Set in the 1960s, the show follows Endeavour Morse in his early years as a police constable. Working alongside his senior partner DI Fred Thursday, Morse engages in a number of investigations around Oxford.
With the help of DS John Bacchus, Inspector George Gently spends his days bringing to justice members of the criminal underworld who are unfortunate enough to have the intrepid investigator assigned to their cases.
British crime investigation series based around aristocratic, Oxford-educated Detective Inspector Thomas Lynley (Nathaniel Parker) and his working-class assistant Sergeant Barbara Havers (Sharon Small).
As WWII rages, DCS Foyle fights his own war on the home-front; investigating crime on the south coast of England. Later series, see the retired detective working as an MI5 agent in the aftermath of the war.
First broadcast in 1987, the Inspector Morse series is a crime drama based on the Colin Dexter novels of the same name. The show is based around the exciting exploits of Morse - a senior officer within the Criminal Investigation Department of the Oxford Police - as he investigates heavy crimes in and around Oxford with his sidekick, Sergeant Lewis. Morse is a grumpy classical music aficionado who loves beer, and who frequently loses patience with the earnest but somewhat slow Lewis.Written by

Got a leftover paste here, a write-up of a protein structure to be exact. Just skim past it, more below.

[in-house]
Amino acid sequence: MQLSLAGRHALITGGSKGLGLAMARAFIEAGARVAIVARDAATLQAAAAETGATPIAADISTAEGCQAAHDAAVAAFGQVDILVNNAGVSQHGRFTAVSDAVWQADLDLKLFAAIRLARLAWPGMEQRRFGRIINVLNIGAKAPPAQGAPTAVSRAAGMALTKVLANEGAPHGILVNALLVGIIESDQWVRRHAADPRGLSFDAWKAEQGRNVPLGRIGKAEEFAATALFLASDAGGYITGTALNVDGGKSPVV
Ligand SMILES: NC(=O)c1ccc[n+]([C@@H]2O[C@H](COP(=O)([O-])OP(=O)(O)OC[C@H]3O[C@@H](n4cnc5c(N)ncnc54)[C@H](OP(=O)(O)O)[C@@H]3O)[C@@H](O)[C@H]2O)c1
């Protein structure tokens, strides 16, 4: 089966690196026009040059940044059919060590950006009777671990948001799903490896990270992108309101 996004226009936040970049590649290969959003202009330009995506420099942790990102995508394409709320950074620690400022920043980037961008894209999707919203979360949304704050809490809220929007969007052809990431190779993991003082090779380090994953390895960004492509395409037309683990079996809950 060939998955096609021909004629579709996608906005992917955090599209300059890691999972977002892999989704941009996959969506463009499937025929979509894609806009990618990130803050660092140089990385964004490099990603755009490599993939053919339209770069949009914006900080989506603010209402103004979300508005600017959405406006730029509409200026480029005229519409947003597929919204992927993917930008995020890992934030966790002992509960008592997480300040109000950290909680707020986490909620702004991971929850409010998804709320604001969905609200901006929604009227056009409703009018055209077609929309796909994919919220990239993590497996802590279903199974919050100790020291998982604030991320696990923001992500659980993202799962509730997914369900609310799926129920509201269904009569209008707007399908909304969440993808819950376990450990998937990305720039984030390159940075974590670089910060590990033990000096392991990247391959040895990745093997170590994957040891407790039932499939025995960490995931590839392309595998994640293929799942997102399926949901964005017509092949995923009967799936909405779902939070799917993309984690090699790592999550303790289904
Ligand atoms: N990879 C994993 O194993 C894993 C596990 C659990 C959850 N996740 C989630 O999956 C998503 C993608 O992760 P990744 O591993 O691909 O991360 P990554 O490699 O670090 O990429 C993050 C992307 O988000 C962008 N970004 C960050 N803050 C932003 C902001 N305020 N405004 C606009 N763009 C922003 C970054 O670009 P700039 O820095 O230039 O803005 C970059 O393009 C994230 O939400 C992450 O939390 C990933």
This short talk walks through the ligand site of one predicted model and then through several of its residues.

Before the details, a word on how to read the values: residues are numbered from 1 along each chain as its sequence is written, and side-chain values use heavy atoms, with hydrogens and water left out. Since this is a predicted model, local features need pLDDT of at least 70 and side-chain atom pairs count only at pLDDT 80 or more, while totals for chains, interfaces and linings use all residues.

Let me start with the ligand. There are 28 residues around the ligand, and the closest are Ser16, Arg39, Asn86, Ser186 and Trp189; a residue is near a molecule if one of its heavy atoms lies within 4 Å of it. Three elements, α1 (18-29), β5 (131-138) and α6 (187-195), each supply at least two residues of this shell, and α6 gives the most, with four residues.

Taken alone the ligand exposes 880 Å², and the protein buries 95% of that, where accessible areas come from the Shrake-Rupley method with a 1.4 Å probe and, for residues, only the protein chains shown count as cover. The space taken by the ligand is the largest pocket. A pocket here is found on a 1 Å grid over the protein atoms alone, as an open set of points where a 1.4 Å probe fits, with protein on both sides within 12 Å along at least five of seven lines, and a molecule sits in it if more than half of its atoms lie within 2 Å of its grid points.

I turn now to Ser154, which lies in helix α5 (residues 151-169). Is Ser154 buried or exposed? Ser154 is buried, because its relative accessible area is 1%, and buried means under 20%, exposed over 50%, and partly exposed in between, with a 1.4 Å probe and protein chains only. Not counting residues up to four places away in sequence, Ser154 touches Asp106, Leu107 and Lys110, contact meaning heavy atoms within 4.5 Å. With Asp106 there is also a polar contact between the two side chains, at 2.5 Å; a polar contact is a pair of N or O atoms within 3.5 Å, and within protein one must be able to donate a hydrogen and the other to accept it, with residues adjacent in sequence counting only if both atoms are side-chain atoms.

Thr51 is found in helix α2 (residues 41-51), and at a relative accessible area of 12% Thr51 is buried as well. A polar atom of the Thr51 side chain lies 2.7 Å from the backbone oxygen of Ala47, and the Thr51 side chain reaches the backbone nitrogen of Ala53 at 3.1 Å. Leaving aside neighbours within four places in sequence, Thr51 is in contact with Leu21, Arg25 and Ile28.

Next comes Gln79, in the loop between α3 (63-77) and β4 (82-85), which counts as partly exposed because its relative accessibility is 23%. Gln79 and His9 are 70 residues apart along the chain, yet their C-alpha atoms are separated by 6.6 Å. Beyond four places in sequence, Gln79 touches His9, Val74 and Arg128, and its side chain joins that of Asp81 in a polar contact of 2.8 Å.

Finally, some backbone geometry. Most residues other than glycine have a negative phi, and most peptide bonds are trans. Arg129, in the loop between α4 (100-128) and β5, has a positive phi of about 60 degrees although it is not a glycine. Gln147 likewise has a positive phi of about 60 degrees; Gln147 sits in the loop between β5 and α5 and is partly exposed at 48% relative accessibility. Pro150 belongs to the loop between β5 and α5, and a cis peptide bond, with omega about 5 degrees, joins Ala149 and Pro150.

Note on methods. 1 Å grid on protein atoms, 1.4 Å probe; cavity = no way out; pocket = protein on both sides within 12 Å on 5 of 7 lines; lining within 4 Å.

The opening notes of the theme music are based on the word "Morse" in Morse code, altered for musical purposes. The same notes are also included at the end and in places within the theme music. In the 1995 documentary "The Mystery of Morse: The Making of Morse", the composer stated that the theme sometimes spells the name of the murderer, a cryptic version of the name, or, as a red herring, an innocent character. However, there is nothing documented on the Internet for any specific name or episode. Morse code experts say that, aside from the code for "Morse", any other Morse code-like notes in the theme are complete gibberish, probably because the code was modified greatly for musical purposes. See more »
One of the things that has sustained my wife and I through half a century is our mutual love of mysteries. Our appetite for that fare has never been sated, but perhaps it came closest during a trip to England when fortunate circumstance led to our spending an afternoon at lunching and then strolling through Oxford in the company of Colin Dexter. The gracious nature and prickly wit of Morse seems a reflection of the author, whose tastes in the arts are expressed irreverently and inevitably through Morse. The intellect of the author is spelled out in the character, and though the books aren't autobiographical in plot,they seem to be in terms of the characterization of the central figure. Mr. Dexter uses his scholarship and his intellect in life in much the way Morse does--his wry comments on Oxford and its denizens during our visit seemed akin to Morse's views of them. John Thaw, Colin Dexter and Inspector Morse are to me the holy trinity of the mystery genre. Audiences have rarely been so fortunate in the bringing together of an author, a central character and a portrayer each of whom so brilliantly fulfilled his destiny in the same series of performances.
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